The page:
Silver Star Mountain is easily visible from much of the Portland and Vancouver area, and is located about 28 crow-flying miles northeast of home. For being so close to a large metropolitan area it doesn’t see a lot of use. It does have some unique features though. The Yacolt forest fire in the early 1900’s (Washington’s largest blaze in recorded history) was so hot it virtually cooked the soil down deep on Silver Star. The upper mountain is still mostly bare, providing an uncommon “alpine” area at 4,300 feet with views extending seemingly forever in all directions.
During Christmas week I hiked to the summit of Silver Star from Grouse Vista. The day was sunny with beautiful blue skies above 2,000 feet. Below that there was dense fog and low-lying clouds. Looking down from above, the sun shining off the clouds gave the illusion of a bright white sea extending for miles.
The first three miles of the hike gained 1,700 feet on a very rocky trail with three steep pitches. In shady areas snow remained on the trail. To my delight, a few pikas were out enjoying the sun in a large talus slope near the trail. At an intersection I turned south for the last one-half mile ascent to the top, stopping for a while on the lower summit. There was six inches of crusted dry snow on the ground with beautiful hoarfrost on bushes and the noble firs in the area. It provided a great spot to sit and enjoy the views. The crown jewels of the mid-Cascades were sparkling in the sun, as were the high points of the Columbia River Gorge. After a long stay I reluctantly put on the daypack and took my time returning to the trailhead, admiring the views on the way. All in all, the hike was seven miles in length with 2,000 feet of elevation gain.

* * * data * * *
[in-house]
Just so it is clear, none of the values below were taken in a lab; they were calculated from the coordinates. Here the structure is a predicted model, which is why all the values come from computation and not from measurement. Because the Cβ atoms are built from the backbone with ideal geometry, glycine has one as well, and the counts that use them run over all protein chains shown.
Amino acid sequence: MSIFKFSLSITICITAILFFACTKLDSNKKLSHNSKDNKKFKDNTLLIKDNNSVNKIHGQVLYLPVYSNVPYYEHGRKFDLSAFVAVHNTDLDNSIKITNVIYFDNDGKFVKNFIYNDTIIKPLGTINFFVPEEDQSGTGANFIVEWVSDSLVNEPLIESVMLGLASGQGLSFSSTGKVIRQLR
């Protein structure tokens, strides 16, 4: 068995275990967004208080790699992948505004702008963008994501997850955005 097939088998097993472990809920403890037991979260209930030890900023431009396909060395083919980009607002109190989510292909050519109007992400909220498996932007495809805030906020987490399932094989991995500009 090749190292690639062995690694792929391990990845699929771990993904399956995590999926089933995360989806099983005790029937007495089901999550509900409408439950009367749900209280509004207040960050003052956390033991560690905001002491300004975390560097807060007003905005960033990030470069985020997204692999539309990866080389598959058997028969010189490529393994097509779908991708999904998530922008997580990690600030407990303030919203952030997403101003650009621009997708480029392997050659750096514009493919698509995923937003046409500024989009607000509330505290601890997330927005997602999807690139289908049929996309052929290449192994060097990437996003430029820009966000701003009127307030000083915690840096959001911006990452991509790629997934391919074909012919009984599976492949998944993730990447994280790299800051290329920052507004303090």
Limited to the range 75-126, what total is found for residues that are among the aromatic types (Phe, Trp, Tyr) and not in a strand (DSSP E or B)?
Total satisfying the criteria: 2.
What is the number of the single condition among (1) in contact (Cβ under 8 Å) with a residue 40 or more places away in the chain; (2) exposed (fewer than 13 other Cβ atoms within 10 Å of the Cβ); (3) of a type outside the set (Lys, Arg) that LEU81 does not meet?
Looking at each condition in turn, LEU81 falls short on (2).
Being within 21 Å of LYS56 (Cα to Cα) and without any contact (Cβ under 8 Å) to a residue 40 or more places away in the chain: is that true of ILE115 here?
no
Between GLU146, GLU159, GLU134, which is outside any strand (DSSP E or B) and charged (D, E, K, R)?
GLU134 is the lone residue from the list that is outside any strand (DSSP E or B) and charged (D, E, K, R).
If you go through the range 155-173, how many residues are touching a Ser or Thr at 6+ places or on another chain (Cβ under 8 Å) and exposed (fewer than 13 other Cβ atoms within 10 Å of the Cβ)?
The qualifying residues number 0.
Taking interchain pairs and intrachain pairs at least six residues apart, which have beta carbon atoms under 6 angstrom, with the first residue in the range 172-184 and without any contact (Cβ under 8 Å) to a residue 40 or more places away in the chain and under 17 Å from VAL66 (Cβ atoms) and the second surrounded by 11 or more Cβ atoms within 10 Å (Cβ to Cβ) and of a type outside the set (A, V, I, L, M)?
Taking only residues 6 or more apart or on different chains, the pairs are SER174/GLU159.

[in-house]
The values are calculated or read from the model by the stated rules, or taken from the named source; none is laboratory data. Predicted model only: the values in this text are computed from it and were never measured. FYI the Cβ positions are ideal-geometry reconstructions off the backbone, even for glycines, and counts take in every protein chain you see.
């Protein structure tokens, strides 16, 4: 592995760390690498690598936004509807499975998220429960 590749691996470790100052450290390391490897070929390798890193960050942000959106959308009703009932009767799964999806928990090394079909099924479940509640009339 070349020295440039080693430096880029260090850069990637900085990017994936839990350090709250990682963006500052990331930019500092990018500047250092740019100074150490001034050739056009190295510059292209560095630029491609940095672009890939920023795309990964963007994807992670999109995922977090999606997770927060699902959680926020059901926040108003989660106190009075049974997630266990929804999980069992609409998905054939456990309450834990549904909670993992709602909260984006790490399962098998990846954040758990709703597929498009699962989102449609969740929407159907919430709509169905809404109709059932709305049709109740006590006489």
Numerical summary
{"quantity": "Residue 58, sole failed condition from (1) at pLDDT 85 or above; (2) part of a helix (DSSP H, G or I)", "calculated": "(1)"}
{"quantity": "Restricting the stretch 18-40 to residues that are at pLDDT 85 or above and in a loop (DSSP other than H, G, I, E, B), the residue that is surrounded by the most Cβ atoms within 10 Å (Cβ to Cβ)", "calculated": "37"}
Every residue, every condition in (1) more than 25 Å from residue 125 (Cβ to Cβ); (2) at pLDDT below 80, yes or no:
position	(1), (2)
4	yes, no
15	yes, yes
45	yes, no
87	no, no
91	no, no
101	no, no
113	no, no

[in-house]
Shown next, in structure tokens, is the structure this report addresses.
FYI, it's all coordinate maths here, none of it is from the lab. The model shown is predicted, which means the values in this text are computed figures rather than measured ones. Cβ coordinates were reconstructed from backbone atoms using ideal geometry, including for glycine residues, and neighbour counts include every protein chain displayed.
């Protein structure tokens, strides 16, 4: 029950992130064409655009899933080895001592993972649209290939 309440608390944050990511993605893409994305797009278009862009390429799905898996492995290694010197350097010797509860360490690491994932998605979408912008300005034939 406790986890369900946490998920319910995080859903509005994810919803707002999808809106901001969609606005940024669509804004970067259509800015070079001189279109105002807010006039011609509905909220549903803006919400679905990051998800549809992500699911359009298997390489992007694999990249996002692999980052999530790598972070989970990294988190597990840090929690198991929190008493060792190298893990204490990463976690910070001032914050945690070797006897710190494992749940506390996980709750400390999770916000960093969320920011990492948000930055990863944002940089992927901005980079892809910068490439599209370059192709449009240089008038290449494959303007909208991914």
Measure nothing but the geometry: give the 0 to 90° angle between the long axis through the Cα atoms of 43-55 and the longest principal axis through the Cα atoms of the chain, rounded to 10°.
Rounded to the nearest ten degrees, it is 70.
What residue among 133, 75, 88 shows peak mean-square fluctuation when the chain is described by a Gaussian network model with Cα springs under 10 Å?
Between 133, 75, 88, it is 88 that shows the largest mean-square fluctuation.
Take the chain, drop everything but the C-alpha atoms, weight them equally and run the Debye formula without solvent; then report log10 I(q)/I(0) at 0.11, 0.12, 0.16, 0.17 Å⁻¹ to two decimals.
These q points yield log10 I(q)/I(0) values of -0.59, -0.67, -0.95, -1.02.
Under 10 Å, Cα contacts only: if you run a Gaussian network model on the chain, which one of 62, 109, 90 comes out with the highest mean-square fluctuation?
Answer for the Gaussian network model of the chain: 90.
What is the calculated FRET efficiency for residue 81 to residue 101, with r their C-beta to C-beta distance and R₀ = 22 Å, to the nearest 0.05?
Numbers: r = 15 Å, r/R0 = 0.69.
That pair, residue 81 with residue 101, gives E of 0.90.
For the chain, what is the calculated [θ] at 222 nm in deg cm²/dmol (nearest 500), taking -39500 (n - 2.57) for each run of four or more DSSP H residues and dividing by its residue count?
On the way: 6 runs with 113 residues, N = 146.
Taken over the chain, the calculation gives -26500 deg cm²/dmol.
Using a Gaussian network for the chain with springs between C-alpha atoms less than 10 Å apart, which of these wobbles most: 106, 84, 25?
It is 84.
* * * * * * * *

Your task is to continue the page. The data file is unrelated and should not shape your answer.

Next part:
On a personal note, we placed my father’s ashes on Silver Star’s summit twelve years ago. Sitting on the summit for several hours gave me an opportunity to honor his memory. He would have enjoyed the location. The views are open and far-reaching on a clear day. Deer are often nearby, as are black bears when the huckleberries ripen in the autumn. Less than one mile away are Indian pits used for religious ceremonies in the long past. I imagine at times the spirits of the Indians and my father sitting around an open campfire telling wild and wooly stories about hunting and other adventures. Even though I miss him, he is always nearby when I am in the wilderness.
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